Feeds

Boffin retracts martian water claims

No puddles on Mars, after all

Build a business case: developing custom apps

Gosh darn it, there are no puddles on Mars after all.

The researcher responsible for announcing the discovery of standing water on the Martian surface has retracted his claims (see full piece on New Scientist's news blog), after readers of the August publication pointed out that the spot the "water" was standing on was not flat, but part of a sloping crater.

Rob Levin had based his analysis of the image on the assumption that the region was flat, or at least horizontal. He then identified the substance in the channels as water, based on the fact that all the edges of the surface are "in a plane and all at the same altitude".

But put the surface on a slope, and the analysis falls apart.

Levin says "I am sorry we made such a large mistake".

New Scientist, for its part, has decided to retract the original story. Space editor Maggie McKee writes: "We work extremely hard to publish accurate, timely, and interesting stories, so we regret the confusion this story has caused".

Say it isn't so, NS. The scientist's error is not the journalist's mistake. What was reported was accurate: boffin claims to have seen water on Mars, scientific community is sceptical. That is all still true, isn't it? ®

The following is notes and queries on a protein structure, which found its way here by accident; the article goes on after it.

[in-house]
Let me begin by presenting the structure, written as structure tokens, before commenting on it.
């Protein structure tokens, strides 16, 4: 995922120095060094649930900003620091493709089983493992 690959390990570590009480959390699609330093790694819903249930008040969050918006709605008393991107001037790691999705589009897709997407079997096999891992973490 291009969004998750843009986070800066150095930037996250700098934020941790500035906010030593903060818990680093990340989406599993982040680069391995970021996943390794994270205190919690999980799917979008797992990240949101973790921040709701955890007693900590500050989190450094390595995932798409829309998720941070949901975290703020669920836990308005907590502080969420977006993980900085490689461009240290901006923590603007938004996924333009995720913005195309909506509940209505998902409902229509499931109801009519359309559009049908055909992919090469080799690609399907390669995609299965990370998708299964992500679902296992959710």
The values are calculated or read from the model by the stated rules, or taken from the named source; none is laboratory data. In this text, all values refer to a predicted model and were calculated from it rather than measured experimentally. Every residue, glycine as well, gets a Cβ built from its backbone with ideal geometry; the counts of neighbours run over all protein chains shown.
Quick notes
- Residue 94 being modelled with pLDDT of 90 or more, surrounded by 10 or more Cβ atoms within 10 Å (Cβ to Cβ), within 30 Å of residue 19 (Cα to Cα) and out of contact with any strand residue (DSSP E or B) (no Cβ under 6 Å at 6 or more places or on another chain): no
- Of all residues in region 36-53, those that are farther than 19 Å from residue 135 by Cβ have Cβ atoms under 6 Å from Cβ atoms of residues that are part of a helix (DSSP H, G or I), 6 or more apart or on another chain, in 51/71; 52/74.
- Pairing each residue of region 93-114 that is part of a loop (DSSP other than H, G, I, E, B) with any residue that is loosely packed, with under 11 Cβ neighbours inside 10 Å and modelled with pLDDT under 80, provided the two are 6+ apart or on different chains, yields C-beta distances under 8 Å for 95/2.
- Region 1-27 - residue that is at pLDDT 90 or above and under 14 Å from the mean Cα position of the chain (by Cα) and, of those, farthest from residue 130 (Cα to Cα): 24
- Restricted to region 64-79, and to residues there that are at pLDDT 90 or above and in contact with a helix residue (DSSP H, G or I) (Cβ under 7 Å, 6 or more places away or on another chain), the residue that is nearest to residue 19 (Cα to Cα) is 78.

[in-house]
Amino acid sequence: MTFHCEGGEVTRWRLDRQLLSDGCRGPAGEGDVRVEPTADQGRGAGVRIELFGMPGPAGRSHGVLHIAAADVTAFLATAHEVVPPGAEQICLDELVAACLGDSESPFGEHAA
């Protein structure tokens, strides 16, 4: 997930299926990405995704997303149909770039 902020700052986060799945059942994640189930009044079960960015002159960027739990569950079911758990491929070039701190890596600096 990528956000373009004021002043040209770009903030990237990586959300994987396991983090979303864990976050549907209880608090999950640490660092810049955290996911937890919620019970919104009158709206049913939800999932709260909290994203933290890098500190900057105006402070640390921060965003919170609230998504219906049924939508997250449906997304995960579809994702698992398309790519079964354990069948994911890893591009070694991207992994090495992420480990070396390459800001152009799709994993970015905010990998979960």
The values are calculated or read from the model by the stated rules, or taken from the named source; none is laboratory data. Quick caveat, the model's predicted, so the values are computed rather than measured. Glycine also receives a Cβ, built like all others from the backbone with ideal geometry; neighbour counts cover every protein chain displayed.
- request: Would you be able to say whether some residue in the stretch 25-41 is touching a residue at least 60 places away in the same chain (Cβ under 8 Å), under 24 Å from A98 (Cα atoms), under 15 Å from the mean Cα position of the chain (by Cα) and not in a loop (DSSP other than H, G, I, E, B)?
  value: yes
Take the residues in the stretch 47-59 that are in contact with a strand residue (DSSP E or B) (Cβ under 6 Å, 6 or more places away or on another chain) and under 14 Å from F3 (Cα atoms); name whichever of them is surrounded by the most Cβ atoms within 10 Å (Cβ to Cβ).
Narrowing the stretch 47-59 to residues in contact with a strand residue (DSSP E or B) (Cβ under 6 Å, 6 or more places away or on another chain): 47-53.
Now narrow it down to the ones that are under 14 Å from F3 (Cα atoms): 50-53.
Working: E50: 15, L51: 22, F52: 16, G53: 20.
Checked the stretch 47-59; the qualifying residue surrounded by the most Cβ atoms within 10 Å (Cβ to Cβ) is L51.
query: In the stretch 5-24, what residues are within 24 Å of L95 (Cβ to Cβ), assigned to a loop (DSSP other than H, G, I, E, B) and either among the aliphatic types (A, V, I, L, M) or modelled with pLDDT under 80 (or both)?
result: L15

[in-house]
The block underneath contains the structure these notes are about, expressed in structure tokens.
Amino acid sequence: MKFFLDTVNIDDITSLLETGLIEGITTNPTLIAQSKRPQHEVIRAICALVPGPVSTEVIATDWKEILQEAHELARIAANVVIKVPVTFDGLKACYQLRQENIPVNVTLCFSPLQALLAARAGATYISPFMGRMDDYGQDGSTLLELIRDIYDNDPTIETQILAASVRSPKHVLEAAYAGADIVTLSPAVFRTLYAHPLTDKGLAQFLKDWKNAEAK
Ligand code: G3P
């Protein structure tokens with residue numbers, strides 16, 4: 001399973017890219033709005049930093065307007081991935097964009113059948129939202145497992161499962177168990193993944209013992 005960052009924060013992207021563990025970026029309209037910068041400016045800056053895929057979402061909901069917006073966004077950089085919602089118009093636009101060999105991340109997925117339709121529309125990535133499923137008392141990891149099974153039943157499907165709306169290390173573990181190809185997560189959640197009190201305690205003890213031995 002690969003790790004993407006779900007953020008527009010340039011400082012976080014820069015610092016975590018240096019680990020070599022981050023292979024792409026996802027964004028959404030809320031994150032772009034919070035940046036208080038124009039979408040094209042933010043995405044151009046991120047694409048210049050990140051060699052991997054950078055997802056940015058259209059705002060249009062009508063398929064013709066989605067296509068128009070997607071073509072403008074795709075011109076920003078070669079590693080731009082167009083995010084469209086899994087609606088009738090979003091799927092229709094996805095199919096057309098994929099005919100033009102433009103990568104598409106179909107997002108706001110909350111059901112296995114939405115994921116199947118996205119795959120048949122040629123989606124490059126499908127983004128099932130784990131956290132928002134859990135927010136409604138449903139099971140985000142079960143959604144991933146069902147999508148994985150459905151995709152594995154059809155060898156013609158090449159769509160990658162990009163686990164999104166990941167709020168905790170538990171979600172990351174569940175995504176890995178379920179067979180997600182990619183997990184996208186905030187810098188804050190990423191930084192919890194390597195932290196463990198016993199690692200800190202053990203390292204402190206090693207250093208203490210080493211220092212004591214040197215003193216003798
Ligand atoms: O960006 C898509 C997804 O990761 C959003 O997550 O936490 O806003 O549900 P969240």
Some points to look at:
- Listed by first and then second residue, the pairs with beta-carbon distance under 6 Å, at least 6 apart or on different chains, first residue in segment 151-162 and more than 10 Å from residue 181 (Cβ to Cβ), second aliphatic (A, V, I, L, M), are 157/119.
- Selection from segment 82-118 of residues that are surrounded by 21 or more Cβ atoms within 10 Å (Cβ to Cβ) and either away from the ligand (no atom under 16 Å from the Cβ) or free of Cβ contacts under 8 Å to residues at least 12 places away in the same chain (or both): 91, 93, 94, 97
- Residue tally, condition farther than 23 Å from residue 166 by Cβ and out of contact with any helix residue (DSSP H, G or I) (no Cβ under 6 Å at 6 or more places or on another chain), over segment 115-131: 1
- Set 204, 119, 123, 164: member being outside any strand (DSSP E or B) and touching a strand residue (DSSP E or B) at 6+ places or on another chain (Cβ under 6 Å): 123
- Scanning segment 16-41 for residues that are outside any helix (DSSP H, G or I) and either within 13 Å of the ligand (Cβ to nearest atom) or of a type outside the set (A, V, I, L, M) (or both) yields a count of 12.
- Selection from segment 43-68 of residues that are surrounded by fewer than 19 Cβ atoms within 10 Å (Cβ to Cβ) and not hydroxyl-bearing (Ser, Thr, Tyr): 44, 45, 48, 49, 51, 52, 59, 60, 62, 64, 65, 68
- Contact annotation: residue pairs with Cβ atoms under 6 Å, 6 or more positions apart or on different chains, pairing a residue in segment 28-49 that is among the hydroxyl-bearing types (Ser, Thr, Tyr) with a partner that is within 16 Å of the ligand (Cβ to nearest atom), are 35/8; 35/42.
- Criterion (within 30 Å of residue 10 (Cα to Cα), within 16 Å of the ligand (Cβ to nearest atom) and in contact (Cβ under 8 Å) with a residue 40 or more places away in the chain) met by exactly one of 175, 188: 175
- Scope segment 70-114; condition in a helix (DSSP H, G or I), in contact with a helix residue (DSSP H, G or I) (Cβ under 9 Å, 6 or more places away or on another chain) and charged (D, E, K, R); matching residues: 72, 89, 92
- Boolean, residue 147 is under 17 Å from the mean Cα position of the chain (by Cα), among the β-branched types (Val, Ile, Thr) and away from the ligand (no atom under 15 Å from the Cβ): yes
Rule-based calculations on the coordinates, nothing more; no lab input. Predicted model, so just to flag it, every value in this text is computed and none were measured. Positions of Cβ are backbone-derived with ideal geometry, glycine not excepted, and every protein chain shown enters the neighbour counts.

Next gen security for virtualised datacentres

More from The Register

next story
Boffins attempt to prove the UNIVERSE IS JUST A HOLOGRAM
Is this the real life? Is this just fantasy?
China building SUPERSONIC SUBMARINE that travels in a BUBBLE
Shanghai to San Fran in two hours would be a trick, though
Our LOHAN spaceplane ballocket Kickstarter climbs through £8000
Through 25 per cent but more is needed: Get your UNIQUE rewards!
LOHAN Kickstarter push breaks TWELVE THOUSAND POUNDS
That's right, folks, you've stumped up OVER 9000 beer tokens - and counting
SpaceX prototype rocket EXPLODES over Texas. 'Tricky' biz, says Elon Musk
No injuries or near injuries. Flight stayed in designated area
Galileo, Galileo! Galileo, Galileo! Galileo fit to go. Magnifico
I'm just a poor boy, nobody loves me. But at least I can find my way with ESA GPS by 2017
Astronomers scramble for obs on new comet
Amateur gets fifth confirmed discovery
prev story

Whitepapers

A new approach to endpoint data protection
What is the best way to ensure comprehensive visibility, management, and control of information on both company-owned and employee-owned devices?
Implementing global e-invoicing with guaranteed legal certainty
Explaining the role local tax compliance plays in successful supply chain management and e-business and how leading global brands are addressing this.
Maximize storage efficiency across the enterprise
The HP StoreOnce backup solution offers highly flexible, centrally managed, and highly efficient data protection for any enterprise.
How modern custom applications can spur business growth
Learn how to create, deploy and manage custom applications without consuming or expanding the need for scarce, expensive IT resources.
Next gen security for virtualised datacentres
Legacy security solutions are inefficient due to the architectural differences between physical and virtual environments.